o   Focal Deficits – didn’t go into this too much, but meningitis has an interesting pathophysiology which includes marked changes in cerebral vasculature that can lead to cerebral infarction; focal deficits may also occur as a result of cerebral edema. Types of deficits include CN palsy, varying extents of paresis, aphasia, ataxia…etc. The incidence ranges from 20-50%, and yes…higher with pneumococcus.

o   Sensorineural Hearing Loss – ranges between 12-20%, either being transient (usually due to conductive defect from increased ICP) or permanent (from direct bacterial invasion/CSF inflammation and consequent damage to important hearing structures). Yup, higher with pneumococcus.

o   Neuropsychological Impairment – one meta-analysis showed that 30% of survivors of bacterial meningitis had some degree of cognitive impairment in long-term follow up…that study actually DIDN’T show a difference in incidence with pneumococcus versus meningococcus…surprising…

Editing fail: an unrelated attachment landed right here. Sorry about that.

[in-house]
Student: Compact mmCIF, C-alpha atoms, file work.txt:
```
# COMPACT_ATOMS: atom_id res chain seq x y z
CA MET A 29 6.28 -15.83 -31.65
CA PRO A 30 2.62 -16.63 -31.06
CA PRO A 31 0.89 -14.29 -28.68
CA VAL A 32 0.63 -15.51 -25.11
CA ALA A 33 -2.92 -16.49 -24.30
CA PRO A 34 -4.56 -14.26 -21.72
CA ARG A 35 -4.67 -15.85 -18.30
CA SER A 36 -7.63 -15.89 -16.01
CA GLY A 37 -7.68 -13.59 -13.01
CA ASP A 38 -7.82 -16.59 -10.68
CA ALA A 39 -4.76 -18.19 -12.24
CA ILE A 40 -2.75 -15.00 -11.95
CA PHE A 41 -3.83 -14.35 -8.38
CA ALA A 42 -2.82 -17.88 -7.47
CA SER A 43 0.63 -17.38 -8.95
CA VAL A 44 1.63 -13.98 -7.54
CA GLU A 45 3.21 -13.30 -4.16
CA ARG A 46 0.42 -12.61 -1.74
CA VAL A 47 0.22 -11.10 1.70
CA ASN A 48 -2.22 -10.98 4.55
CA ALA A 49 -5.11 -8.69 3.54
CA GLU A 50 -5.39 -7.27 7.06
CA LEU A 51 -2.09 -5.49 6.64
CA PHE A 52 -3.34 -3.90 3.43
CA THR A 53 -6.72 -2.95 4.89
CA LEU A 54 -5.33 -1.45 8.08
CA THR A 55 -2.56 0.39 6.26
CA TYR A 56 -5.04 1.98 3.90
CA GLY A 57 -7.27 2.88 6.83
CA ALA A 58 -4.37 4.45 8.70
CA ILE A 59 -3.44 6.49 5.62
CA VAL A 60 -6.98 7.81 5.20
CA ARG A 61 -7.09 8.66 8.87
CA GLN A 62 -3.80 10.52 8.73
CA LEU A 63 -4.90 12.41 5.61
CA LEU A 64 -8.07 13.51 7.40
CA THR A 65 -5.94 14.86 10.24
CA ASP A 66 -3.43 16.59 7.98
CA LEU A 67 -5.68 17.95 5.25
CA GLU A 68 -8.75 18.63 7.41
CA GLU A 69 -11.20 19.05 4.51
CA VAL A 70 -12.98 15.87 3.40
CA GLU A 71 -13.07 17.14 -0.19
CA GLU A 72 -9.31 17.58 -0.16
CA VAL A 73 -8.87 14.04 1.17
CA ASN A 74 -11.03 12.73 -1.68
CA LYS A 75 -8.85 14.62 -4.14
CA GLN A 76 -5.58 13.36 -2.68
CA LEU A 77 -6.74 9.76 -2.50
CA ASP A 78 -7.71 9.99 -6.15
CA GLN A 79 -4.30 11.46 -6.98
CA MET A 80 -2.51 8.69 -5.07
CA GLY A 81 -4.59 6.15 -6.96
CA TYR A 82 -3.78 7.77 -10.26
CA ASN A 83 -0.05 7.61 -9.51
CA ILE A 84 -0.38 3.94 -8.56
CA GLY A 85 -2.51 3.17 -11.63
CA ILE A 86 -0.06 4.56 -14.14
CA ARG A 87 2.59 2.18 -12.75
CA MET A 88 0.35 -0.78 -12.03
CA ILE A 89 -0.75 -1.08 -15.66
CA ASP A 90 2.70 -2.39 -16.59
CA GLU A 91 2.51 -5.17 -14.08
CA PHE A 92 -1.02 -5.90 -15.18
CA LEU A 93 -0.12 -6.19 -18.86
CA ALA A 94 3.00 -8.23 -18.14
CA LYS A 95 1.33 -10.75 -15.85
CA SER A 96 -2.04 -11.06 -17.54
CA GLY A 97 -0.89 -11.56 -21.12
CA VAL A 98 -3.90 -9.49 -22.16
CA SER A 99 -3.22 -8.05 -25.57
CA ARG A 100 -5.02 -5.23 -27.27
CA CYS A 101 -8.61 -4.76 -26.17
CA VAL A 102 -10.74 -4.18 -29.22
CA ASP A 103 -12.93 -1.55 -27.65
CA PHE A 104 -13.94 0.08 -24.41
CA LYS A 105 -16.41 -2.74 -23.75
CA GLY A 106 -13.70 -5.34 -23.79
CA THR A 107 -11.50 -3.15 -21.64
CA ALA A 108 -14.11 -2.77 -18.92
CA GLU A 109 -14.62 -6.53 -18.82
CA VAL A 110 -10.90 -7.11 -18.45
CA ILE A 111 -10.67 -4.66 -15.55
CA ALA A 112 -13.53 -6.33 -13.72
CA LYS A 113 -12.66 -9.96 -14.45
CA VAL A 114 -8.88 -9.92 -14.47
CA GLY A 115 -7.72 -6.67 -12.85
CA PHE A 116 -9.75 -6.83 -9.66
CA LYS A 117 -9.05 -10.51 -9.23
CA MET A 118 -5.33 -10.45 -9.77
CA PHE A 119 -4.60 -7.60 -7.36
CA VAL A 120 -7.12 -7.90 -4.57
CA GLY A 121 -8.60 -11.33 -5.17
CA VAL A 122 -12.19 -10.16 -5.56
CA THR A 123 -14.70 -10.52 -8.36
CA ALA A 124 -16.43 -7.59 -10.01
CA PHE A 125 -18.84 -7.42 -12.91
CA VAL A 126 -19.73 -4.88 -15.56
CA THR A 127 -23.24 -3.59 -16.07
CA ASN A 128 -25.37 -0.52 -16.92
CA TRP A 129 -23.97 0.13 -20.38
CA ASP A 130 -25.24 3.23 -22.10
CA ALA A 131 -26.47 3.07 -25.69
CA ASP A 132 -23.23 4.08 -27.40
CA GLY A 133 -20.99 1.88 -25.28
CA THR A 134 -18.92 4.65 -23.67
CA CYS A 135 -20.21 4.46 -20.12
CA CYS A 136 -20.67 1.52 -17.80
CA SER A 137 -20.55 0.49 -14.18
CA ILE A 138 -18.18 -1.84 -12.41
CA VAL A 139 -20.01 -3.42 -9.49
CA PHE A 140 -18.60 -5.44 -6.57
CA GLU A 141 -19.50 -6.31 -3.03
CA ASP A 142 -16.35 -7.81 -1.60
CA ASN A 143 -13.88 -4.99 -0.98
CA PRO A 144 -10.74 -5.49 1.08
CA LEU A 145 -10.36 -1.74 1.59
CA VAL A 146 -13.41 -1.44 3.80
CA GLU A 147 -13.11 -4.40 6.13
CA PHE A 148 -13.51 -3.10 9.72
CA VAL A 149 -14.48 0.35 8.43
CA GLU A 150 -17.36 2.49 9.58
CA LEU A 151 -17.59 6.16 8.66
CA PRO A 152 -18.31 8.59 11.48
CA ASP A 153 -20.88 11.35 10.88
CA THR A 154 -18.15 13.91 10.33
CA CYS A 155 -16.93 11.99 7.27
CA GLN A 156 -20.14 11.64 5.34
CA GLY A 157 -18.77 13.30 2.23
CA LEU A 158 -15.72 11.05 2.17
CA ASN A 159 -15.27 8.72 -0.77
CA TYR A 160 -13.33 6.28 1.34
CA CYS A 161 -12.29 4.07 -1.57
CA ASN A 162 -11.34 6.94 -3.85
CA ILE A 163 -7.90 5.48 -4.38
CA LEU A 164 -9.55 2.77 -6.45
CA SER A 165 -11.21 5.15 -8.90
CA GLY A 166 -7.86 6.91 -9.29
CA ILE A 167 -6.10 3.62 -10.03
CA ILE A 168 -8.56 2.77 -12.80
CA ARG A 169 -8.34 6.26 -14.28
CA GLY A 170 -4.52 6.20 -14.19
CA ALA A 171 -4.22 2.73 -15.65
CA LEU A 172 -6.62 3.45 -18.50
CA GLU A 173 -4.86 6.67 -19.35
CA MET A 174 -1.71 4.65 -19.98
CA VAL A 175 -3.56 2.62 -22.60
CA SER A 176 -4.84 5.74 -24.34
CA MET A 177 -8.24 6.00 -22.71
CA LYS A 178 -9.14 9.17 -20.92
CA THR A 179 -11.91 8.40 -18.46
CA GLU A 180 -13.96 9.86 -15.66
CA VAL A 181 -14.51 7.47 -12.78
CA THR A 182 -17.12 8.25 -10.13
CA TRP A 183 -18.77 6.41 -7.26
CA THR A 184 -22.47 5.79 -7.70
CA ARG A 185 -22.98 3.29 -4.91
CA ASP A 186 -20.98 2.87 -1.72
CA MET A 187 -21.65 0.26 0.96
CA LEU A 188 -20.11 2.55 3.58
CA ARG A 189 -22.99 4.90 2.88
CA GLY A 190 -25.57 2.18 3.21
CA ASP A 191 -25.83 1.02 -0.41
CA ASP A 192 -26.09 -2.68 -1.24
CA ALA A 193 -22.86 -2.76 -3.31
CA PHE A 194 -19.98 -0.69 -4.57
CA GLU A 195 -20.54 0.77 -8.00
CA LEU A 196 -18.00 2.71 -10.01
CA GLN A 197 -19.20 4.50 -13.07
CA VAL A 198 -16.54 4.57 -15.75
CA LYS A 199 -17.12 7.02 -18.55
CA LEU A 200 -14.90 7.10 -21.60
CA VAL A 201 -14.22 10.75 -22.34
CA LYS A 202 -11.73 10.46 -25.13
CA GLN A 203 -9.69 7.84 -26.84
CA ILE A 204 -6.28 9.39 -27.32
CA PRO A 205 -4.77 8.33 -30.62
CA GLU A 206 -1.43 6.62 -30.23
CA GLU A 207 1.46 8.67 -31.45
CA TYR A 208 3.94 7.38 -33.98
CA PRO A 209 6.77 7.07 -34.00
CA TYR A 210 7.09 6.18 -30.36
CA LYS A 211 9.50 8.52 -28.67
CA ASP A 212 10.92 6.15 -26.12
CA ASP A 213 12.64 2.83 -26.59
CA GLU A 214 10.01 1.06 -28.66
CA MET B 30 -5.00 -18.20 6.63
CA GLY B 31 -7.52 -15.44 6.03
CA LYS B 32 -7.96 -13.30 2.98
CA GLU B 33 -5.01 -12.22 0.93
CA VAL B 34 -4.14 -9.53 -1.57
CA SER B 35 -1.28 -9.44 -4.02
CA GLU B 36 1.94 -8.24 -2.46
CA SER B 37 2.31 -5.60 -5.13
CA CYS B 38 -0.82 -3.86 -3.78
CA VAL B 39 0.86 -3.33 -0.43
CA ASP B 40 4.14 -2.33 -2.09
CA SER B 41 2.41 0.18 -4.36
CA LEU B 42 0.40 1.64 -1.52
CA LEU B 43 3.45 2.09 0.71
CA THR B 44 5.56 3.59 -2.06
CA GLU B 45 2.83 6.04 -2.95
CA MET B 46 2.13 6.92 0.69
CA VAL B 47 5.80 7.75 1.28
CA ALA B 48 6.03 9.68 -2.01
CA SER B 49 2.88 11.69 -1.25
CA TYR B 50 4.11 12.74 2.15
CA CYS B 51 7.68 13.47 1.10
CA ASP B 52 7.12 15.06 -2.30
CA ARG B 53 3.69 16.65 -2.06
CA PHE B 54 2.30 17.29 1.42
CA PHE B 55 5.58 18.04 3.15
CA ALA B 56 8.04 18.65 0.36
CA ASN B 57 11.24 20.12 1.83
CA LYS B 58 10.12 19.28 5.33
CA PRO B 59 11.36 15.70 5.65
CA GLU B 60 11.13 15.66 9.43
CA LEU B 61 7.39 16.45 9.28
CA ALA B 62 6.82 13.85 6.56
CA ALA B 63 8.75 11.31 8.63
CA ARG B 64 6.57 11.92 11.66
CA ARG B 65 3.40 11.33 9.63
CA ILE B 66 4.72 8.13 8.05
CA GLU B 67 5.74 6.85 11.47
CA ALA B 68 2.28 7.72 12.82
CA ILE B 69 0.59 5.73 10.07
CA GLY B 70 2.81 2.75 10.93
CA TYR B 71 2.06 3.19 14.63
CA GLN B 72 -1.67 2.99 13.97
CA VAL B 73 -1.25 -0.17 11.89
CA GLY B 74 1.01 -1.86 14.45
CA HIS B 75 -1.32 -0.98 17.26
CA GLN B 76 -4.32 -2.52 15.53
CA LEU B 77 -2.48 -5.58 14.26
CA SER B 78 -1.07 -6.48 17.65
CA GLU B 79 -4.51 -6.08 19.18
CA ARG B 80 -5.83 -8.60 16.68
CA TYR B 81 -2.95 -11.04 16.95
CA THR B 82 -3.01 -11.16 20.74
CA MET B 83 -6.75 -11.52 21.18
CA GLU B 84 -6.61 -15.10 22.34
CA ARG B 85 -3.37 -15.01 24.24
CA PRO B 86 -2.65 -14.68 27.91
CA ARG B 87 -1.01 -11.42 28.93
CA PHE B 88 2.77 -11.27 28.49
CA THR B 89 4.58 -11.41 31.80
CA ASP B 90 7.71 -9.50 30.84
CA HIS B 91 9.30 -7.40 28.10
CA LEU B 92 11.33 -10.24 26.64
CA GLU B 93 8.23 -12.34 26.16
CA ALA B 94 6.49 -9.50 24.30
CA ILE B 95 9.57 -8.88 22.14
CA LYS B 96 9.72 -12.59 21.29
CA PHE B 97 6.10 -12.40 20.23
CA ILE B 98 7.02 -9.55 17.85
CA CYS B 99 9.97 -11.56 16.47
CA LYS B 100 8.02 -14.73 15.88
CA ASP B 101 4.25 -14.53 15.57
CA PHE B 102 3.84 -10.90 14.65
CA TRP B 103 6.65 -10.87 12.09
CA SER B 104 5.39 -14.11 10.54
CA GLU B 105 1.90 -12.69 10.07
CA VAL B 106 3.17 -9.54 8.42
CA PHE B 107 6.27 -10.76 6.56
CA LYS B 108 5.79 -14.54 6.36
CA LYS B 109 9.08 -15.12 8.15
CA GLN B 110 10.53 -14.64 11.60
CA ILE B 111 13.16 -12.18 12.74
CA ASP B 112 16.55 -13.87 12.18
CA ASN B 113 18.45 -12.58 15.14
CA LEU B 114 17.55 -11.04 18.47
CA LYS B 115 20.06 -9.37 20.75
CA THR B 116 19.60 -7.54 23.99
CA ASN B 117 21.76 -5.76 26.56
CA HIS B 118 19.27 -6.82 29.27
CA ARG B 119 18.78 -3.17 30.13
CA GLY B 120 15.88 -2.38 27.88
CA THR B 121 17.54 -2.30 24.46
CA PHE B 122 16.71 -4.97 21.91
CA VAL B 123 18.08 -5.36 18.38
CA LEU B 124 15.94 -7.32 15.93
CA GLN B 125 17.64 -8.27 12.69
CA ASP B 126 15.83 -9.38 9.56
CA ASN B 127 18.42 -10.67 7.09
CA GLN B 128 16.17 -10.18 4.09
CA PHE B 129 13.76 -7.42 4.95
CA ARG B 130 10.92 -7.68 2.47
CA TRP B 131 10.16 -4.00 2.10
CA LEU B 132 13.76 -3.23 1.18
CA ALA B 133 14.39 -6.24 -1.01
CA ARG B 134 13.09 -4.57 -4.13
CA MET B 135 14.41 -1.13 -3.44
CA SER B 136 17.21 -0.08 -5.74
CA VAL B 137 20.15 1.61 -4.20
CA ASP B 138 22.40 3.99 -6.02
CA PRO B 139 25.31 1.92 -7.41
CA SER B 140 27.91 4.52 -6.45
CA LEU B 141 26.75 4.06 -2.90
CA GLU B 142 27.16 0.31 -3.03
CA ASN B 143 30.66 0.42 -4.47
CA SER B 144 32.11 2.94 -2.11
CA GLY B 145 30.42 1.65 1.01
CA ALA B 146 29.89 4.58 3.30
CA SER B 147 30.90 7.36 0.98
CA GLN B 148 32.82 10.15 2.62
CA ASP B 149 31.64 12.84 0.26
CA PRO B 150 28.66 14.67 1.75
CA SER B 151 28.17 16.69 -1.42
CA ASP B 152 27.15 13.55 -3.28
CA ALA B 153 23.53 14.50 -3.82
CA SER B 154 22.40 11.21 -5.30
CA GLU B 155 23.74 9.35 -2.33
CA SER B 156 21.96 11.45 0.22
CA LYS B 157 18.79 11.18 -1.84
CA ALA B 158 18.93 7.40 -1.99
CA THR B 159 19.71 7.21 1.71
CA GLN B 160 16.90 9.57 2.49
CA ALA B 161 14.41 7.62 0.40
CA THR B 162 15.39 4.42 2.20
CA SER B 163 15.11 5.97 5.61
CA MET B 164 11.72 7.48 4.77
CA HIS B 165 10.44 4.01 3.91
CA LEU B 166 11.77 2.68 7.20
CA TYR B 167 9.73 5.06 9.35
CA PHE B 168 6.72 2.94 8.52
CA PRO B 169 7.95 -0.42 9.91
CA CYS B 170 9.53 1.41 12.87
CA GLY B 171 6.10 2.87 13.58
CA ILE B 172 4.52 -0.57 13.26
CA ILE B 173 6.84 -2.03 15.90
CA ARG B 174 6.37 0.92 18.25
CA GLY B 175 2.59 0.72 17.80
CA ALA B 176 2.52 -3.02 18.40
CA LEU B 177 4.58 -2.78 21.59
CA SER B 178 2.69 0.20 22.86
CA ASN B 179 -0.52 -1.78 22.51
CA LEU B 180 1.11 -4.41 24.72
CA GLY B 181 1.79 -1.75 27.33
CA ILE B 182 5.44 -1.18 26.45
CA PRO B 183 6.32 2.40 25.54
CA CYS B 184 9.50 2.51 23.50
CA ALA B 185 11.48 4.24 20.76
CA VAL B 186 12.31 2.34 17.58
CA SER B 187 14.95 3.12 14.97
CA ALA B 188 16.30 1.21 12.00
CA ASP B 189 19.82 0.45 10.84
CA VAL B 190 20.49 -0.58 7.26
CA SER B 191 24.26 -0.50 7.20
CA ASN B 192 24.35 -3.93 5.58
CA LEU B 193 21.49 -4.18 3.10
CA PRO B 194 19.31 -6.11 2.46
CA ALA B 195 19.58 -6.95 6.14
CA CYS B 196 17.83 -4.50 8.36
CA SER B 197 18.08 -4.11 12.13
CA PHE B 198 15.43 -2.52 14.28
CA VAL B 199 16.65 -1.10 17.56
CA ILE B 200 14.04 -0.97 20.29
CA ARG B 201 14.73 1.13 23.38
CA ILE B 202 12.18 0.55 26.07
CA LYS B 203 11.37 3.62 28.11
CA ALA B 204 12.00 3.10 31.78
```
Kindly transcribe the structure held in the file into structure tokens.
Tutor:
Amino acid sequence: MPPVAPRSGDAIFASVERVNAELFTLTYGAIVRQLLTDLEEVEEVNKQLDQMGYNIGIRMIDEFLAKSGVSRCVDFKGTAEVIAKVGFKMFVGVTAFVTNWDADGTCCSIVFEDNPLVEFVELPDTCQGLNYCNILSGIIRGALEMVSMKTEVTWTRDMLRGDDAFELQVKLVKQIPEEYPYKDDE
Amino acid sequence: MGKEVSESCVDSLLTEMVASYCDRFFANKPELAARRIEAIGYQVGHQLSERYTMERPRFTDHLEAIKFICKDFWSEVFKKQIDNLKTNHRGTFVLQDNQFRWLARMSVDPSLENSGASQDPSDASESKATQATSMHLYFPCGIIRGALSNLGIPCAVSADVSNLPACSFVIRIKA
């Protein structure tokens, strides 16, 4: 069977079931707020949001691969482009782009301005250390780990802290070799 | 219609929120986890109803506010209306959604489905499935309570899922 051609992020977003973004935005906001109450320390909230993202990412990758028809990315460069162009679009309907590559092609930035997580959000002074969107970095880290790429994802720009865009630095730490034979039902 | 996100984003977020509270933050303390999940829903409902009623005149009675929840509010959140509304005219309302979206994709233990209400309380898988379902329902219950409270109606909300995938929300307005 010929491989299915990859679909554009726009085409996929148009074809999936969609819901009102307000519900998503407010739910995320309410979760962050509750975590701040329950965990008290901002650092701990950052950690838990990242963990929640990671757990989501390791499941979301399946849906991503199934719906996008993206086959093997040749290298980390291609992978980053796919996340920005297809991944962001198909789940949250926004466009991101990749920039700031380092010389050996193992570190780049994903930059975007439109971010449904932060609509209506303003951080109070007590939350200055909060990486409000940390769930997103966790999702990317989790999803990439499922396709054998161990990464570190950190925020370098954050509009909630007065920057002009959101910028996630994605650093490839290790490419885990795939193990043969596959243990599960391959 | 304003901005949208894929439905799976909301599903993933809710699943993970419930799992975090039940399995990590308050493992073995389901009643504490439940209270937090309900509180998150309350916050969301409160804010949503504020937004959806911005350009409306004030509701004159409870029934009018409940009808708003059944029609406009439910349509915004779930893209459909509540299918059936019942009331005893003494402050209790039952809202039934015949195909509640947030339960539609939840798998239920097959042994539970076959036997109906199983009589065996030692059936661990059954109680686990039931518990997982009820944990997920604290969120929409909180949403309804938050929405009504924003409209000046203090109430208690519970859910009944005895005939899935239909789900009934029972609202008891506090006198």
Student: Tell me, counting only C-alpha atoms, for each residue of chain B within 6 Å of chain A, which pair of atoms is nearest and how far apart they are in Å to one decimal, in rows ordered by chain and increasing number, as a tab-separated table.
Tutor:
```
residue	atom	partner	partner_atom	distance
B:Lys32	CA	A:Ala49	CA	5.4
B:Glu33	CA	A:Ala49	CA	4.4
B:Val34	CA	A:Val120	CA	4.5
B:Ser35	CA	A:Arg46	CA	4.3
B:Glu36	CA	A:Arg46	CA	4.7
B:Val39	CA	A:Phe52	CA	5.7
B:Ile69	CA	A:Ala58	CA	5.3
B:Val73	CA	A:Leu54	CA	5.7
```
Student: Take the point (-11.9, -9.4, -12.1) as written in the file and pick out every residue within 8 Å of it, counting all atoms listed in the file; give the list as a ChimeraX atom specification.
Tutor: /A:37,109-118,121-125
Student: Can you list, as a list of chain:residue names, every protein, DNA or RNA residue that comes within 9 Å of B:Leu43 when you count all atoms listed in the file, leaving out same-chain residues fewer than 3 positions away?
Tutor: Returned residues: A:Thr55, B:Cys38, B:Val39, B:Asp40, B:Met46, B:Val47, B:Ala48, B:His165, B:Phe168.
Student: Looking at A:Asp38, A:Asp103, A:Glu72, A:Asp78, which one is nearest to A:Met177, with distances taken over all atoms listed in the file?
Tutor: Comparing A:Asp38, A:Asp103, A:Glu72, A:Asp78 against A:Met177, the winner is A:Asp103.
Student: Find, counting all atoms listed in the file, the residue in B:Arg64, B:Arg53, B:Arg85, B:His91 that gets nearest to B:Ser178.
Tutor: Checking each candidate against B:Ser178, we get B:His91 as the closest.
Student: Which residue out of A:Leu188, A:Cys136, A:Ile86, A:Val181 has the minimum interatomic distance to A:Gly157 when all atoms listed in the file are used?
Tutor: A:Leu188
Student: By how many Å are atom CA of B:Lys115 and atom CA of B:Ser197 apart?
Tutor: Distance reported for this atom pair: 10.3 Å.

·         Despite our best efforts, the mortality of bacterial meningitis is very high, with an average of around 25% for pneumococcal disease, 20-25% for Listeria and around 10% for meningococcus. This number varies with age however - death rates are around 2-3-fold higher in patients >65 years old. Death rates are even higher for gram-negative infections (30-40%).

 I didn’t focus too much on the management and prognosis of aseptic meningitis…BUT, I did attach a review article worth reviewing for that purpose. Also attached is the RCE Book Chapter on Meningitis, as well as the most recent IDSA Guidelines on Diagnosis and Management of Bacterial Meningitis…Enjoy

Aseptic Meningitis
Lee et. al., Curr Opin Infect Dis 2007, Volume 20: 272-77

Hatala et. al., JAMA Evidence - Rational Clinical Exam, Adult Meningitis (its the book chapter, with updates from the 1999 Paper)

Tunkel et. al., Clin Inf Dis 2004, Volume 39: 1267-84